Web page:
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Since the boom in tourism began Iceland is now facing a new, growing problem – tourists littering, and worse. I have addressed the problems before in The Iceaboo but let’s repeat: the cleanness of the Icelandic nature is due to people not throwing trash around. There are no cleaning ladies sweeping through the scenery every morning to gather up what you left there. Tourists have already had such a devastating effect on some of the old wonders that one, Seljavallalaug, is now avoided by Icelanders because it’s been left so filthy (link). At another place, Hrúnalaug (link), the problem has gotten so bad that the owner is threatening to bulldoze the whole place or possibly spread manure thickly around the old bathing house.
However, seeing the habits of many tourists manure may not deter them. A current, somewhat pressing problem is that foreigners rent cars, park them by the main road for the night and sleep in them, and in the morning they drive off leaving all their trash behind, including human feces and used toilet paper. The aforementioned Hrúnalaug is also suffering from both camping (forbidden on the site), vandalism and lots and lots of – well, shit (link).
Pooping in the nature does probably not sound like a huge problem, but when the sheer amount of tourists (link) and small amount of land are compared the problem becomes more obvious. Worst of all the travelers don’t take into account things such as nature parks being, well, areas that you really shouldn’t damage. That’s why they’re called nature parks. Snæfellsnes in particular is in trouble and it’s barely July.
While destroying nature parks is inexcusable the actual problem may not be entirely the tourists’ fault. According to Haraldur Sigurðsson (link) some rental shops in fact advice people to stay the night on the side of the road, as that’s not forbidden by law. Up until now Icelanders have enjoyed this freedom happily but getting a million tourists means “a million poops” as Haraldur puts it, and I can’t help but agree with him that the law should probably be changed now. It’s sad to lose that bit of freedom but too much is too much.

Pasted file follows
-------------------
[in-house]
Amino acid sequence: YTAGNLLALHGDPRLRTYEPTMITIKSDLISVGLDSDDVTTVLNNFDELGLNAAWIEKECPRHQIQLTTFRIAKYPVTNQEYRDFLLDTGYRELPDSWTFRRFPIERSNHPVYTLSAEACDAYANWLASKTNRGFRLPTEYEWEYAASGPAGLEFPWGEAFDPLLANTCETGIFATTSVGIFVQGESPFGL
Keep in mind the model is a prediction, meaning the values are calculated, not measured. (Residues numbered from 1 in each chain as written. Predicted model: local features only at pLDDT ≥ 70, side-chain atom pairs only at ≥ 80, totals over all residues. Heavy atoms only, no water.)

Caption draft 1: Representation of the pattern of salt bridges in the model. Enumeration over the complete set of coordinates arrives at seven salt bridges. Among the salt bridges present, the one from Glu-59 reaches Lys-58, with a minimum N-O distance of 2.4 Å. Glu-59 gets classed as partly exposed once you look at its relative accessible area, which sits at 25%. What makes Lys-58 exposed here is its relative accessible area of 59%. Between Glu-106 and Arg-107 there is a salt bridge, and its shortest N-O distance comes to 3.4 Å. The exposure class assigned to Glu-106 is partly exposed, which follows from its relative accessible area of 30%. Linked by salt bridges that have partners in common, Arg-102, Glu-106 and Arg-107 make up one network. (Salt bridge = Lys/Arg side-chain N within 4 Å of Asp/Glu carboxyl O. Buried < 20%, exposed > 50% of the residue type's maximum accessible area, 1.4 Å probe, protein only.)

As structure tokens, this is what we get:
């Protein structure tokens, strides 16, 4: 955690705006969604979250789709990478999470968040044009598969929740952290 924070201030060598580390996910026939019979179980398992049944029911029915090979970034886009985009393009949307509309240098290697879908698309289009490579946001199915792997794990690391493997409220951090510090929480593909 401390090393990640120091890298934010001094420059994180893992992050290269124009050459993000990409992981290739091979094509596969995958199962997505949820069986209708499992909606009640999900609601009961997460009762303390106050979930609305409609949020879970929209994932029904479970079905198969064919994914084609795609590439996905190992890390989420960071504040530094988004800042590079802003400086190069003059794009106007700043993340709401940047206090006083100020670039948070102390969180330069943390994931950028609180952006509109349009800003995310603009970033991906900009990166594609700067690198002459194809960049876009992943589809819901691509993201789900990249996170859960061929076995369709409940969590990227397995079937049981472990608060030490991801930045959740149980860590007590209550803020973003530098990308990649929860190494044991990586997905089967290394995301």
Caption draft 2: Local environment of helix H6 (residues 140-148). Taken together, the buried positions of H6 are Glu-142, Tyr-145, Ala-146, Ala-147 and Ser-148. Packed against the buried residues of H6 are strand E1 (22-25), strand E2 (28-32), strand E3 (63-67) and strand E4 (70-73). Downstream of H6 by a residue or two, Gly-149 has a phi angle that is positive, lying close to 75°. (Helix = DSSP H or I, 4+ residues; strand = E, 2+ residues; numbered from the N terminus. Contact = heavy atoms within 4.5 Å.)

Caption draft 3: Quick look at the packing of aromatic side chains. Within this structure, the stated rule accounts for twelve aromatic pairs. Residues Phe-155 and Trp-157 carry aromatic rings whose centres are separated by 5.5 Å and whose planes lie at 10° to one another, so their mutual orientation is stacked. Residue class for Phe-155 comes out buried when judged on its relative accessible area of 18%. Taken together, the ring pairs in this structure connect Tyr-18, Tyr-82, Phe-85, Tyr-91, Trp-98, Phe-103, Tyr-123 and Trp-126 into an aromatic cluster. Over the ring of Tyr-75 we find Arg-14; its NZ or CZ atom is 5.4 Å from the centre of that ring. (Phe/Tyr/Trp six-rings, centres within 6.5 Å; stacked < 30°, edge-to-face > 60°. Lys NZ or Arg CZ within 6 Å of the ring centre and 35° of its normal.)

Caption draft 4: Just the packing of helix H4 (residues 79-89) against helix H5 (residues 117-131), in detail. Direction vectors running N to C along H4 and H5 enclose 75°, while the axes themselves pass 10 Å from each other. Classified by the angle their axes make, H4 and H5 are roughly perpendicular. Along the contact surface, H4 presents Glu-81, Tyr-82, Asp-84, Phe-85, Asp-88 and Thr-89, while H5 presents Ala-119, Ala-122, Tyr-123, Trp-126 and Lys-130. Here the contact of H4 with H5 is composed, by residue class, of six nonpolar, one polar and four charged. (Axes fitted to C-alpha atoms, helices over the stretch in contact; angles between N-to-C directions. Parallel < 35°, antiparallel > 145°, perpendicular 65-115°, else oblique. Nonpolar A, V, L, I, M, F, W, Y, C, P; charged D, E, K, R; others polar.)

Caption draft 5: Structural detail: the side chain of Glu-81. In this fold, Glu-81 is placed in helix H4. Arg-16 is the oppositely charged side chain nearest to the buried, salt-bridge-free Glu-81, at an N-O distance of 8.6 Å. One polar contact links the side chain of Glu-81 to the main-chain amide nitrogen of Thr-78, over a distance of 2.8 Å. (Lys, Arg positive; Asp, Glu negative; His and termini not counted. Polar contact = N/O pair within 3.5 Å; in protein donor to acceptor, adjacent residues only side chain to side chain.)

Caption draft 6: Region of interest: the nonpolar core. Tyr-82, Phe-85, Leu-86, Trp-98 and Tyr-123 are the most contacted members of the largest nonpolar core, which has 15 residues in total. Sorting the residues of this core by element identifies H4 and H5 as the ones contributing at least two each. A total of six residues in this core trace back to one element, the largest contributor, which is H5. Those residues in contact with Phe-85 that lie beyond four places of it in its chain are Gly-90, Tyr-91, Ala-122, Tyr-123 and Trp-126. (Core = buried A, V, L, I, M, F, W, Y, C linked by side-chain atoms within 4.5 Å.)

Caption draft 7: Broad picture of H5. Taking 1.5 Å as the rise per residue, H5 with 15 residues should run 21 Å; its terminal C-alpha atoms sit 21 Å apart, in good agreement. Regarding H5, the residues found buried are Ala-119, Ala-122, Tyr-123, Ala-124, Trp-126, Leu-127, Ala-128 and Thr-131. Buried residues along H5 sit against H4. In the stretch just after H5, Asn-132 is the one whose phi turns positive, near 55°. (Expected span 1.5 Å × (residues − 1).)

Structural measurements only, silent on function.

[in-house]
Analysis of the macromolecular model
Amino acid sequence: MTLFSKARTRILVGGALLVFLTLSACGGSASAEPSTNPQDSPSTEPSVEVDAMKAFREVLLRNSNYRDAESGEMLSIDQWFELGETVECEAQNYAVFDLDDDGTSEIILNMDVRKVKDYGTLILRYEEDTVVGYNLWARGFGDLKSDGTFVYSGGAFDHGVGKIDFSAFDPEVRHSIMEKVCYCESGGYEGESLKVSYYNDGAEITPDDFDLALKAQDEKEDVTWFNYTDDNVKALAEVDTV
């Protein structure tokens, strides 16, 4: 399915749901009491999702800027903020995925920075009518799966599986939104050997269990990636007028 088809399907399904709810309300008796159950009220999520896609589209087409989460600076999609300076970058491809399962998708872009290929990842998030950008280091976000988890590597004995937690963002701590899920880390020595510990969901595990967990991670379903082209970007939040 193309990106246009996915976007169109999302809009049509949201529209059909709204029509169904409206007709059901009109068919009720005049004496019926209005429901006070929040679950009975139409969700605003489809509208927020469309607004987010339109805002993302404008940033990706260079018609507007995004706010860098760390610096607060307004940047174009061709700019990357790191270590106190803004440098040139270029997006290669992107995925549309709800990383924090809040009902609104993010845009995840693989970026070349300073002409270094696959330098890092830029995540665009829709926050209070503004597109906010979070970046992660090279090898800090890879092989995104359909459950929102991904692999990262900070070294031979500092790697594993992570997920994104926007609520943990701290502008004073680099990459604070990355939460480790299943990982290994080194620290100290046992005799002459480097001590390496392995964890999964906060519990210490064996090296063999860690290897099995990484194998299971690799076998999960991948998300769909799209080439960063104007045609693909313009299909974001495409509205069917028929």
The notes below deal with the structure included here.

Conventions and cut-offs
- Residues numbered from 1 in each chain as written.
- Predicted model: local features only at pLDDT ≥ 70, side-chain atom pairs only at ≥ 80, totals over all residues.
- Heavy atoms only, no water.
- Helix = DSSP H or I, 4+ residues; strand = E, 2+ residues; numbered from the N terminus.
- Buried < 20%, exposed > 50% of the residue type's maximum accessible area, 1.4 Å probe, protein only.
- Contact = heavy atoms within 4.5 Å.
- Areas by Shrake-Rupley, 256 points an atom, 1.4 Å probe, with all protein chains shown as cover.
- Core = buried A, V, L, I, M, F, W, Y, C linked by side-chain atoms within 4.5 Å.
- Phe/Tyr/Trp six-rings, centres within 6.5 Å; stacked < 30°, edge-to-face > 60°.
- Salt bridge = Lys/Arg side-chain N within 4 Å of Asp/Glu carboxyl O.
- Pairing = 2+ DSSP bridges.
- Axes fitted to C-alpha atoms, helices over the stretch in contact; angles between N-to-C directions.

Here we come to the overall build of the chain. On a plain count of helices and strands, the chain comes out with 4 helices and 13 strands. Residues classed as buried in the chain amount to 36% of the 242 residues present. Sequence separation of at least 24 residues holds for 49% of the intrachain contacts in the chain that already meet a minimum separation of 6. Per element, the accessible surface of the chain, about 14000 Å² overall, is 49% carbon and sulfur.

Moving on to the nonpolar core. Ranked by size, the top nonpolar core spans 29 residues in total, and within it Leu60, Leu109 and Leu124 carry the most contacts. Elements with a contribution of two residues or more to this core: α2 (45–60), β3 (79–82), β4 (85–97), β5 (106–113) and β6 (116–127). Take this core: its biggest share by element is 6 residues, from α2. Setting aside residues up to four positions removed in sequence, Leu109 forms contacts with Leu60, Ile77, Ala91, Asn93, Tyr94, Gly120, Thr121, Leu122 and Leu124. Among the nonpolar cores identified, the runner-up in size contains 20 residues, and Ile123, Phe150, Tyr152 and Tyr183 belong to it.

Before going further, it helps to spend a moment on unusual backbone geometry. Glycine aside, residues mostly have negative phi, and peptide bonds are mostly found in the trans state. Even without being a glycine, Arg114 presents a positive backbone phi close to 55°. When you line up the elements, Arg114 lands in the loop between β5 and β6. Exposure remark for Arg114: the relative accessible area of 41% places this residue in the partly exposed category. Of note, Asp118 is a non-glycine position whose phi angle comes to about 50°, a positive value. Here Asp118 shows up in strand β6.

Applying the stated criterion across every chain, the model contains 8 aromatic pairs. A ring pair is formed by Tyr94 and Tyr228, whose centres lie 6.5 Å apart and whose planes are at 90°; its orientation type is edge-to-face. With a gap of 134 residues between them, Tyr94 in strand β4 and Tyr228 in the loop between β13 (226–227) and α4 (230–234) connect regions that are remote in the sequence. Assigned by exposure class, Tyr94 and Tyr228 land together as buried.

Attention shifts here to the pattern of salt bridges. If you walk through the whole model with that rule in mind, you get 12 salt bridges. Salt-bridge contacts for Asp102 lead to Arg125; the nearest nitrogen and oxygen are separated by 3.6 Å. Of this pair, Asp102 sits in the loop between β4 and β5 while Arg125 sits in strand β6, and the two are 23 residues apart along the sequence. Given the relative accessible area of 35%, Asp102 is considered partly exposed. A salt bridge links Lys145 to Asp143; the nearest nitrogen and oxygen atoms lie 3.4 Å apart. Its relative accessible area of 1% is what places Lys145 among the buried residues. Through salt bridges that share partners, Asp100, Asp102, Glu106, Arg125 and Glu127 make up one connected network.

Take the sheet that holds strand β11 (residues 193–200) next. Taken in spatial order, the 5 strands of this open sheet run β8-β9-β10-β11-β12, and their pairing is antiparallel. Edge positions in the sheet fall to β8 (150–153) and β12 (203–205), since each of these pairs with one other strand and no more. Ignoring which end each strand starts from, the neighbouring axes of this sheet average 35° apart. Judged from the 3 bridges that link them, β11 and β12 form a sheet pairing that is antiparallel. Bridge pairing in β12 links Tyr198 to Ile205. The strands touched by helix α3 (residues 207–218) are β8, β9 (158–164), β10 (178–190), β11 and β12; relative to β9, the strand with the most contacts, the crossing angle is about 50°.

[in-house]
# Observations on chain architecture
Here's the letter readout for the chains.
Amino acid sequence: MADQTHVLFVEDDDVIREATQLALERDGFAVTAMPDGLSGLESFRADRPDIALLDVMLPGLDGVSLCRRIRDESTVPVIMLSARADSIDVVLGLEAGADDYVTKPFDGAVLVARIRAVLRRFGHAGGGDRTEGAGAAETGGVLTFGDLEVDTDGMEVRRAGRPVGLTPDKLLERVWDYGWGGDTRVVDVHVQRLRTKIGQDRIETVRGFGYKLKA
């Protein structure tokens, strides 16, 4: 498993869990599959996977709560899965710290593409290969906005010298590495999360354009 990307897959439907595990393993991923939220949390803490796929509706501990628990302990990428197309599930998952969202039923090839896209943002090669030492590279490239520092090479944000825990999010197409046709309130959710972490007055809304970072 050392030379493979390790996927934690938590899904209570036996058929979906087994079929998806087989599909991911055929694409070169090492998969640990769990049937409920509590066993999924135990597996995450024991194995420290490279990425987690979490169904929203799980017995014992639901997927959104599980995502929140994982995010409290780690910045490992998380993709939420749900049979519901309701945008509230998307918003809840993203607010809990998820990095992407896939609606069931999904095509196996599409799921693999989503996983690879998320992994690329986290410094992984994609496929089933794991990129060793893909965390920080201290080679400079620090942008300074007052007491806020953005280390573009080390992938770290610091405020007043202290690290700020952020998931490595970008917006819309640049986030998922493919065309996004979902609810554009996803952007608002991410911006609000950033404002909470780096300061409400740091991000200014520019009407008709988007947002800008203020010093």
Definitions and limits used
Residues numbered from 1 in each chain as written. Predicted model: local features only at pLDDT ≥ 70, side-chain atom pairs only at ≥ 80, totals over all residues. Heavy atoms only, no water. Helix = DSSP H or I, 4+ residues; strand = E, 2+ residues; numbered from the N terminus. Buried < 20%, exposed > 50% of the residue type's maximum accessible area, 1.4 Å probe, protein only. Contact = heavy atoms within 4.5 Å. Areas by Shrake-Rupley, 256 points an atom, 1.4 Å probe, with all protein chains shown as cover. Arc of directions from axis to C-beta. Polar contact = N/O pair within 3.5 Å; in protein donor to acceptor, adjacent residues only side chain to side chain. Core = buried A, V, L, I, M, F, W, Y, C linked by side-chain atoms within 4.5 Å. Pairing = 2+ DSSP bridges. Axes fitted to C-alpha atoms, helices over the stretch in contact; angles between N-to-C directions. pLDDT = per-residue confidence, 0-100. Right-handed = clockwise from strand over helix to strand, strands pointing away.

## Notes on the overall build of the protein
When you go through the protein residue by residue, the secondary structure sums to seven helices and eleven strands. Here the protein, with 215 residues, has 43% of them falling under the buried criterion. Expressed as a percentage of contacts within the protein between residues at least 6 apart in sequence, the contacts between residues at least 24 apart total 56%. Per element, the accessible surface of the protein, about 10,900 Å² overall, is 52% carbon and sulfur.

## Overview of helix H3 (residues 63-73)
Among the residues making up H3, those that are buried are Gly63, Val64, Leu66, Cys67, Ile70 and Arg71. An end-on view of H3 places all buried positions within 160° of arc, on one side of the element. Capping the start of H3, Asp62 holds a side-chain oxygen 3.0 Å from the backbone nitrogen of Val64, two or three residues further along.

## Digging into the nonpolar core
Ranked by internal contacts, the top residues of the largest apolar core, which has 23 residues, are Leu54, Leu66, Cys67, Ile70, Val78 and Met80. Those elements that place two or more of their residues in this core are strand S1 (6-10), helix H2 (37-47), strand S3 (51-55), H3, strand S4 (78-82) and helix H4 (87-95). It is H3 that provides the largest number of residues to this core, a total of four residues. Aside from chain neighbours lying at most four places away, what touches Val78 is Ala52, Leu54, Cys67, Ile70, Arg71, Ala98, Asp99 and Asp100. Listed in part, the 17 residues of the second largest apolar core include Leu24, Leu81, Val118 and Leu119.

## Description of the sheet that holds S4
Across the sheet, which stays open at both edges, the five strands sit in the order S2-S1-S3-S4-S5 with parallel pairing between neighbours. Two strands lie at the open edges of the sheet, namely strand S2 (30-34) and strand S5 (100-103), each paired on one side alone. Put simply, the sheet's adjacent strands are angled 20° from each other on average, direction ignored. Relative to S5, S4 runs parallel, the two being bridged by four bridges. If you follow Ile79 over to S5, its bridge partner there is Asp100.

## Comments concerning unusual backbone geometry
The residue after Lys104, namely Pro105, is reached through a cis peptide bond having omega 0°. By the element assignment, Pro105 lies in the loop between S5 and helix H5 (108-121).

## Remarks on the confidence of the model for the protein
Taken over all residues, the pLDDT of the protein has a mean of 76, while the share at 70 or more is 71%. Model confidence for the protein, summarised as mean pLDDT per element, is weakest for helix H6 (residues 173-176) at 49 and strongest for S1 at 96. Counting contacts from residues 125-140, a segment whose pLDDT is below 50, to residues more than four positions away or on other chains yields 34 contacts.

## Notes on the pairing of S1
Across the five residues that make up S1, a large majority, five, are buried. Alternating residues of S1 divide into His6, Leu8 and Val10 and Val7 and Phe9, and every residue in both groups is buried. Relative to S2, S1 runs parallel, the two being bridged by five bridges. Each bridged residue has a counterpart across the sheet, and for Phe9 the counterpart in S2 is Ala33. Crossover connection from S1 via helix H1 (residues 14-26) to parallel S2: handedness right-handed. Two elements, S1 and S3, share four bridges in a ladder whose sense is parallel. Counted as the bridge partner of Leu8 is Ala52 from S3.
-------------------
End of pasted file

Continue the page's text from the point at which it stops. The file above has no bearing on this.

Another problem, when looking at the matter from the tourists’ point of view, is the lack of toilets (link). If you’re traveling in Iceland it’s best to go whenever you see one, the next one may be several hours away, and there’s no guarantee to the conditions when you find one. I know we once drove for a long time to see Dettifoss and used the public toilet there, which not only lacked toilet paper but had a floor swimming in… well… all kinds of things you’d rather not think about (the smell was so awful I thought my nose hairs would fall off).
So while tourists are very welcome here, please keep in mind a few things:
– There’s a lack of toilets in the countryside. It’s a problem that is being worked on but until things change, please use the toilet whenever you find one, you don’t want to drive past Kirkjubæjarklaustur because you didn’t quite need to go yet and then find out you’ve got nothing but desert up ahead for hours.
– Read the signs. If it’s a nature park, camping is not allowed. If it’s private ground, camping is not allowed without permission. If it’s private ground such as Hrúnalaug that has actual signs banning camping in the area, do not camp there.
– Don’t litter, just don’t.
– As for pooping on the side of the road… oh come on, that’s gross and you’re gross for doing it. I understand that sometimes emergency strikes but this many emergencies is just not very likely.
– Besides, why would you even want to spend your night on the side of the road? Camping sites here are cheap, have toilets, showers, sometimes even washing machines for your clothes, washing and cooking spots, electricity and so forth, staying at camping sites makes your traveling so much more comfortable. They also have large bins for your other dumping needs!